Well, this all makes lots of sense to me. And would explain why I do show clear reactions to gluten itself, not only to wheat in general. Try giving me a seitan* based dish and you will see me cramping (or more likely quickly disappearing) soon after the meal.

*seitan, for the non vegan-savvy, is food made out of gluten -which resembles meat and is indeed protein rich.

moody gut

To further support the reality of gluten sensitivity in the absence of (yet) overt celiac disease, another recent study (Nutrients 2015 Mar; 7: 1565–1576) compared people with: active celiac disease, celiac disease in remission (due to the exclusion of gluten from the diet), no celiac disease but self-reported gluten sensitivity, and no celiac disease plus no self-reported gluten sensitivity.

OK then: the researchers compared the groups in terms of permeability of the intestine tissue to gliadin (the “bad” part of gluten). With permeability it is meant how much intestinal tissue “opens up” (when it shouldn’t) as a reaction to the ingestion of the gliadin component of wheat gluten, in this case.

Guess which groups were most similar to one another?

Not surprisingly, the non celiac gluten sensitive had the worst permeability scores after the active celiac disease group. The celiac disease group in remission scored lower than the non celiac gluten sensitive group, and their results resembled instead those of people with no celiac disease and no gluten sensitivity. This also confirms that increased permeability occurs in everyone after exposure to gliadin.

OK. So if gluten increases gut permeability in all of us, and in people with gluten sensitivity in particular, it is likely that my gut is truly not that happy when I eat gluten. And this means that while others (and the younger version of me) can tolerate some degree of gut walls stress when ingesting gluten, I can’t any longer. And maybe, if I keep eating gluten, especially if I belong to that large 30-40% of the population with celiac disease susceptibility genes, I may one day develop the full disease. However, I still have hope. Indeed, all this still does not explain:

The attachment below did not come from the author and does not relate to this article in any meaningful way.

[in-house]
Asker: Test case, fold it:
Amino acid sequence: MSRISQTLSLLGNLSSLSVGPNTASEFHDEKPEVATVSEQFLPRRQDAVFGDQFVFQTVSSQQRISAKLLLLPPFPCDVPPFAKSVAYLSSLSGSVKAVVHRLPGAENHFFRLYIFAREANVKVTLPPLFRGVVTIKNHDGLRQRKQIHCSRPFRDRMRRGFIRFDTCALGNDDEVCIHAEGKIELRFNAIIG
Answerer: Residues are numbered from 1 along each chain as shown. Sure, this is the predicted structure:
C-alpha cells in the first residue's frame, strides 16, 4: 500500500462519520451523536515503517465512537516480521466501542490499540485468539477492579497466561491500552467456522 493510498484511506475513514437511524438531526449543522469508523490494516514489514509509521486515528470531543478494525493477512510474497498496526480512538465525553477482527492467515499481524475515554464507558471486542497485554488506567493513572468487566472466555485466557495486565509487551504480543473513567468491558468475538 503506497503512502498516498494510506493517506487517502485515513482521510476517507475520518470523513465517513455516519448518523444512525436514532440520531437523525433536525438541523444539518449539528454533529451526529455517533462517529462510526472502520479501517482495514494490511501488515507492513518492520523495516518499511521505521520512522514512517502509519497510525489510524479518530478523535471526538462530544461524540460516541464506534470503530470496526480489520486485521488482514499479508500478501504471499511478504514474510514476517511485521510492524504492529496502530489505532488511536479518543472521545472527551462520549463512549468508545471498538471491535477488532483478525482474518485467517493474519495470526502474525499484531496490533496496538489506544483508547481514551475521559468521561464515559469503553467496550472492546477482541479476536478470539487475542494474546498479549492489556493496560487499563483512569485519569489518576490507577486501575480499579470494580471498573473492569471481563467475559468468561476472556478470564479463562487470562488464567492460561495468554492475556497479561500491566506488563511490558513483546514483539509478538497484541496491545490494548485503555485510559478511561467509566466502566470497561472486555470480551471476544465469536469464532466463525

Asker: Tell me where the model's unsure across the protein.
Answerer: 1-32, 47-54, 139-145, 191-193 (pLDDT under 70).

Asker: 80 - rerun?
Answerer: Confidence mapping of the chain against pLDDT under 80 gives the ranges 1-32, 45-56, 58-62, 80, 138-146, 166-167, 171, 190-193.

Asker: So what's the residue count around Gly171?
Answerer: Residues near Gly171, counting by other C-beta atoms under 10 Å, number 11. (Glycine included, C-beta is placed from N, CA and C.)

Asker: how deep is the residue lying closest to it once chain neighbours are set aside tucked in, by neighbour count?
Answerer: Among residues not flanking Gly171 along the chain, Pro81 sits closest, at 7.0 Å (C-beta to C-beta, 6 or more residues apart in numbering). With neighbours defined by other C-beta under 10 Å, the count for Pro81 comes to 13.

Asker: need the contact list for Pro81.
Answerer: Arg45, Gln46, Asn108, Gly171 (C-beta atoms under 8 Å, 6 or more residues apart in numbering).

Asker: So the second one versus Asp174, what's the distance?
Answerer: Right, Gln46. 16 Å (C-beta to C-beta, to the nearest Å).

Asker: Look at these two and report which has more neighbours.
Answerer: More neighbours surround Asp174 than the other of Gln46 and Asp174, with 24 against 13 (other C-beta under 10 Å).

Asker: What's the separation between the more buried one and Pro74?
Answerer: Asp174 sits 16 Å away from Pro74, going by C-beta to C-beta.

a) why do I react (differently, but still) also to some foods that do not contain gluten?

b) how come do I have fewer reactions to some wheat varieties rather than to others?

c) finally, if it is true that we have carried these genetic variations since forever, why did not we experience before pandemic adverse reactions to the “stuff of life”, “our daily bread”, “what is accompanied by food” – i.e. the bread of our companatico?

Part Three is on its way. I hope you found here something new and interesting to chew on and please don’t miss the next post, where I will discuss FODMAPs and fructans, my way. And please, join the discussion by leaving a comment and… keep breading –solutions are at hand

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Barbara Elisi

Hi there! I am the "soul" behind Bread & Companatico. My main interest is the preservation of bread tradition and craft, with an eye to health. I hope you are having a good time reading this blog, and please don't be shy to connect with me through comments or emails and do keep on bread-ing! 🙂

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14 replies
  1. François
    François says:

    Nice reading. Imho digestion of gluten is insufficiantly discussed. Seems to me that long proofing with sourdough predigests gluten so less of it reaches the intestine intact where it can cause anything from discomfort to damage. Gluten contains lots of useful nutriments and although Celiacs have no choice (at least for now) baning gluten is the wrong solution to the problem.

    • Barbara Elisi
      Barbara Elisi says: